I could give you a raft of reasons why the Waldhotel Fehrenbach in Alpersbach, little more than an extended meadow in Germany’s Black Forest, sticks in our minds as being a hotel with a stand out personality.
One could be because the owner, Herr Fehrenbach, didn’t so much as blink an eye when we introduced ourselves on arrival with “We’re Jack and Andy, do you have a hacksaw?”
Longish story, but the request was because I’d locked the padlock keys inside our cases and needed one to saw through the padlocks which separated me from their keys.
Another could be that in a land of wonderfully hearty gastronomic fare, Herr Fehrenbach’s nightly culinary offerings were elegant and surprising, involving an imaginative use of local ingredients – black forest cherries, pumpkins, venison cooked in hay, fir sauces, local hams, willow bark, polenta flavoured by wild rosemary and so on.
But the personality pièce de résistance was the hotel’s Sunday breakfast in the barn.
The hoe down breakfast barn in the Black Forest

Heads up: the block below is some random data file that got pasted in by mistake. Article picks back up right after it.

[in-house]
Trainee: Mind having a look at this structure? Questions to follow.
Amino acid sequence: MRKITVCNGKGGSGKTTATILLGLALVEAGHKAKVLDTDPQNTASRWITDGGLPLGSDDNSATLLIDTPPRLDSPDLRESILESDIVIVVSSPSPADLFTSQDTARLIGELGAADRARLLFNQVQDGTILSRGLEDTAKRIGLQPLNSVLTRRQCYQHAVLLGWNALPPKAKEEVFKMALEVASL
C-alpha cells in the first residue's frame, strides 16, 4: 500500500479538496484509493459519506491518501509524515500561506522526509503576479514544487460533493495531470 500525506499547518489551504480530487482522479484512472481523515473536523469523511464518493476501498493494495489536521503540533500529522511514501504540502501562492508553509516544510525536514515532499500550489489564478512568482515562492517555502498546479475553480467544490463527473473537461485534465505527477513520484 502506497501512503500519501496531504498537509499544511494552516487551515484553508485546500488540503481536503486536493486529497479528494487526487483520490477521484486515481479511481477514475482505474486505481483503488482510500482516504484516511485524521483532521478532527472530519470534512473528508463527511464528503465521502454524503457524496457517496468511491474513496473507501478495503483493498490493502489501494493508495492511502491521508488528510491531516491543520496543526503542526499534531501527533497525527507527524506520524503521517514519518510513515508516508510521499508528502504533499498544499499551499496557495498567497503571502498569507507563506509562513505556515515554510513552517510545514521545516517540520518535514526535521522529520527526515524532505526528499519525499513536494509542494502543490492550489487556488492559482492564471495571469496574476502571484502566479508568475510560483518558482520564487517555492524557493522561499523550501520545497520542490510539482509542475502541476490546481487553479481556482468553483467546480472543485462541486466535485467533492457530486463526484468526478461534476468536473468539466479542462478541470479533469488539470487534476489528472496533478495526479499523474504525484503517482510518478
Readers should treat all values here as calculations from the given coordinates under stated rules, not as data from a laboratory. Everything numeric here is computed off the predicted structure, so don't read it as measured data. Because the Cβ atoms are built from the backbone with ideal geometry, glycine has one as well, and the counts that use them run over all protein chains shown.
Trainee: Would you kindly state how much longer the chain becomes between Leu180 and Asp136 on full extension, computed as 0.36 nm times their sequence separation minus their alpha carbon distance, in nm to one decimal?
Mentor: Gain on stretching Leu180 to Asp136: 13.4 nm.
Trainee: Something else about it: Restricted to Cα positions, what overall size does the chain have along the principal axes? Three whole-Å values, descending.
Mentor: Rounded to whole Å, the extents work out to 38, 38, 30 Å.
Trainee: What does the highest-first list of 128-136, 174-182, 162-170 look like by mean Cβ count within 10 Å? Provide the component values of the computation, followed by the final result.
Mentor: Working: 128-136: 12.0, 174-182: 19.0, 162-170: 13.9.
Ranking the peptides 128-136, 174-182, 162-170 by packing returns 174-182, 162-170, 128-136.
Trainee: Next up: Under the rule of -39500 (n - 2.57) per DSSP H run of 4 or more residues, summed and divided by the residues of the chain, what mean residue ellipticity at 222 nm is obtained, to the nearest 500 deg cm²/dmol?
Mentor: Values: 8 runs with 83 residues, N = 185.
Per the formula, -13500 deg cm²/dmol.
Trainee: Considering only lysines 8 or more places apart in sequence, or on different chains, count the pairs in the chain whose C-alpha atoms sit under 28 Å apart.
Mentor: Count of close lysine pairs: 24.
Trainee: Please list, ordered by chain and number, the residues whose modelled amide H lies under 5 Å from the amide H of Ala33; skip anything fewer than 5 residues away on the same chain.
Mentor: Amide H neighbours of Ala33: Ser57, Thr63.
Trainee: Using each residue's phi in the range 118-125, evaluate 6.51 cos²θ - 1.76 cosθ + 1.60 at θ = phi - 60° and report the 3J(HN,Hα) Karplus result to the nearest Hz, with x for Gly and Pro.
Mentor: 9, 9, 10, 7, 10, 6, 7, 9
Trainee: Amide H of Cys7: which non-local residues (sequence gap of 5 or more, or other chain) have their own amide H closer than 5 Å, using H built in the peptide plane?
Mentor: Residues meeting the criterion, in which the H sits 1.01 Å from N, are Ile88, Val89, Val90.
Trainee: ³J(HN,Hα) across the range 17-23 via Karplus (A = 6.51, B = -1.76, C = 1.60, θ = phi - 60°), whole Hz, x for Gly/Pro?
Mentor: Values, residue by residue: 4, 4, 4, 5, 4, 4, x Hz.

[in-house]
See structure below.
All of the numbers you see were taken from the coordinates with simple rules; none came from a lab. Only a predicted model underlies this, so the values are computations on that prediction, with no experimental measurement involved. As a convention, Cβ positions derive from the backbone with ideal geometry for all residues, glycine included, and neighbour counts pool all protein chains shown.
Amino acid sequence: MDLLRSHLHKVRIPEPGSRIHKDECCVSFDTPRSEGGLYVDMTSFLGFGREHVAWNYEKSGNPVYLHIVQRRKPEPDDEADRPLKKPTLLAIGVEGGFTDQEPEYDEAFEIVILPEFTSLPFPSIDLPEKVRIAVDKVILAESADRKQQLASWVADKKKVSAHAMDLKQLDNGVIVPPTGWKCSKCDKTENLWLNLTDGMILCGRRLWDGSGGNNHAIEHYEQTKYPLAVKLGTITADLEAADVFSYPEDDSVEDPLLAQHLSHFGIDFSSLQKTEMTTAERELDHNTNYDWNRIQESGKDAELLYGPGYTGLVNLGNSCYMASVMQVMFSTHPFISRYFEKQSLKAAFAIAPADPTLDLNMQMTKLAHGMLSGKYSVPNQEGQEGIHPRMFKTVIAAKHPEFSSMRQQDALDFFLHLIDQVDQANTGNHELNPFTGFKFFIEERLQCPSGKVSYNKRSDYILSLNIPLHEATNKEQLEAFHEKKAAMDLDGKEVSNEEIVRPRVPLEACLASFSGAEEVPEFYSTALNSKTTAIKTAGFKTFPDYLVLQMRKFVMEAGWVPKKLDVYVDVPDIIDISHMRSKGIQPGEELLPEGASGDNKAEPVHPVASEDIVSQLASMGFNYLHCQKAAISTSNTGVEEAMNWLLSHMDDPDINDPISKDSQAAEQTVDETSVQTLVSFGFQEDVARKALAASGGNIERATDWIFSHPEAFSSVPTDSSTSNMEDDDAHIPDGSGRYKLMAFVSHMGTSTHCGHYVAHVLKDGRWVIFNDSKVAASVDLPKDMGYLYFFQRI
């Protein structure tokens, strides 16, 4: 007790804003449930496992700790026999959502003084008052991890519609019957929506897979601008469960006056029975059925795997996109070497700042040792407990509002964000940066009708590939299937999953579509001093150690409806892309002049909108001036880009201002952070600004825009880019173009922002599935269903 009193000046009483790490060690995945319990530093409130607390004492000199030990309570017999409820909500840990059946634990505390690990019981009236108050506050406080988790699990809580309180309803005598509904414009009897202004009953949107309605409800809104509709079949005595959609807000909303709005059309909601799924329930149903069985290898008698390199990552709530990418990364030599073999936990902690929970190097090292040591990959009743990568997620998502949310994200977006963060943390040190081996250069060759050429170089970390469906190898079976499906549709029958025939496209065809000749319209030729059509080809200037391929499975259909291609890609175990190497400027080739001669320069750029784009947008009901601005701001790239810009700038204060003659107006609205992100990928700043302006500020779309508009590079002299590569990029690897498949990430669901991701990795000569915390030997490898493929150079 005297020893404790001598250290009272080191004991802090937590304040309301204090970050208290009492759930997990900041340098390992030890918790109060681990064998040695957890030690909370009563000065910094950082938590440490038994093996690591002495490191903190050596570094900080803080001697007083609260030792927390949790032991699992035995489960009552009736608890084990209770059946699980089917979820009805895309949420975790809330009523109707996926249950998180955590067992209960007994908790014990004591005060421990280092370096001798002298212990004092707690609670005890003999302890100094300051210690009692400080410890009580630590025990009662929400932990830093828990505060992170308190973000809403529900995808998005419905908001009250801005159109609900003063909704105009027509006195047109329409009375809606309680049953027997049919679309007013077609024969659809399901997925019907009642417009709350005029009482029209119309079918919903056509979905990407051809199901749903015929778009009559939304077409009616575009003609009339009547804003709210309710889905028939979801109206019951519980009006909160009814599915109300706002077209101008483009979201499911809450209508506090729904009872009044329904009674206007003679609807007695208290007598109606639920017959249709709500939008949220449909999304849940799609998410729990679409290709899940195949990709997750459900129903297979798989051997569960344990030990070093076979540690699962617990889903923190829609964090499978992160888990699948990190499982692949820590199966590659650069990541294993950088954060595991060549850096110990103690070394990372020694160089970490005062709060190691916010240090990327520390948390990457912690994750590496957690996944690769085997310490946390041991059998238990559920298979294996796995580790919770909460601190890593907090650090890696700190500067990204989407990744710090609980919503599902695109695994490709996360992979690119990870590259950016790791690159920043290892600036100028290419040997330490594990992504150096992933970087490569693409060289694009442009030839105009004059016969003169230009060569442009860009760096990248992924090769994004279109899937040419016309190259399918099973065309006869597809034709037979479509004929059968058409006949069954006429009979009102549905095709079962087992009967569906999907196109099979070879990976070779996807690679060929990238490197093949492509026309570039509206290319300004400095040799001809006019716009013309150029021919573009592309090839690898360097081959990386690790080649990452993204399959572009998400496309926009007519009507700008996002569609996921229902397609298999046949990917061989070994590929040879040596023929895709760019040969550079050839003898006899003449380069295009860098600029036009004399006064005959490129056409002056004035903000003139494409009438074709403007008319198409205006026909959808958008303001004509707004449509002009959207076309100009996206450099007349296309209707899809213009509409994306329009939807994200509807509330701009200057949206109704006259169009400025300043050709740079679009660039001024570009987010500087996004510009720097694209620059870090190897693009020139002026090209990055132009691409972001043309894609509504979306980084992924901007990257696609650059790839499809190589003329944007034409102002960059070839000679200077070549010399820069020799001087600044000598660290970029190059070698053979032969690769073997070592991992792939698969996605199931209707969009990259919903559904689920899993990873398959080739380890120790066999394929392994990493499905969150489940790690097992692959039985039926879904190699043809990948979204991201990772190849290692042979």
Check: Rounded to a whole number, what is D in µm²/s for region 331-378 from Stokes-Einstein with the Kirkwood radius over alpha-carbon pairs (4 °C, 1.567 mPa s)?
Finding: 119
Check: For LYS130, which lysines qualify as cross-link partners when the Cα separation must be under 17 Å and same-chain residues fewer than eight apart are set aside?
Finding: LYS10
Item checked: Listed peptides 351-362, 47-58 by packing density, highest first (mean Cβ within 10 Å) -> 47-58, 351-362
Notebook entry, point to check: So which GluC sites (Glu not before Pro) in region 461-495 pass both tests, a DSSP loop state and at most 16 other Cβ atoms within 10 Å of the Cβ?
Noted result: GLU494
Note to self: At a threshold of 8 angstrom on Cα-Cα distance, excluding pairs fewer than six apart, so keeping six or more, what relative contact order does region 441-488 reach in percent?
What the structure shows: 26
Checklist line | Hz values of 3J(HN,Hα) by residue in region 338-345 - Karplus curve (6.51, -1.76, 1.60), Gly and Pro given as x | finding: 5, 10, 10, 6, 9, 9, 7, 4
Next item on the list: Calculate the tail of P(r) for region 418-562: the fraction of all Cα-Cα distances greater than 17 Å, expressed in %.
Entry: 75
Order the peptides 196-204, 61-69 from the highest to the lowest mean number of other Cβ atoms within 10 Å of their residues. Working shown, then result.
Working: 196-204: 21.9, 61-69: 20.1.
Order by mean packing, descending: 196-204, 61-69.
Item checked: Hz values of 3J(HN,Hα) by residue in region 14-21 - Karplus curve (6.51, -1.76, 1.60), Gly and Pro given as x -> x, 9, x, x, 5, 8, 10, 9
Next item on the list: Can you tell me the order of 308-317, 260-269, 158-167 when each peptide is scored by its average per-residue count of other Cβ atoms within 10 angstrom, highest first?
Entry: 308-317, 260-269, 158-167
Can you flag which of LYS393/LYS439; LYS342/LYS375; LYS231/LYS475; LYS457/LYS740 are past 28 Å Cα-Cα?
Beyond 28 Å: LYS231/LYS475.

Breakfast any day at Waldhotel Fehrenbach tends to be a lavish affair, but on Sundays it careens into OOOOk-lahoma territory as it’s held in the hotel’s vast wooden barn.
Think ideal venue for a hoe down and you might be close to its appearance – wooden rafters, walls consisting of chopped logs, wagon wheels, various farming implements, an industrial sized stove in the centre of the room. The breakfast itself is a spread worthy of champions, and their hungry mates – various King Arthur-esque tables covered in cheeses, warm breads, fruit, an array of cold meats and sausages, homemade jams (rhubarb, strawberry, Pinot Noir), cereals including Bircher muesli – a dish which is a must for me whenever it appears on a breakfast spread.
Although the culinary offerings are first class, it’s the setting which elevates it into a unique and surreal experience. I especially loved watching the expressions on other guests’ faces when they stepped into the barn to be faced with a wonderfully outlandish slice of kitsch. As it’s in the Black Forest, known for it’s famous cherry gateaux, maybe that should be kirsch rather than kitsch.
We absolutely loved it.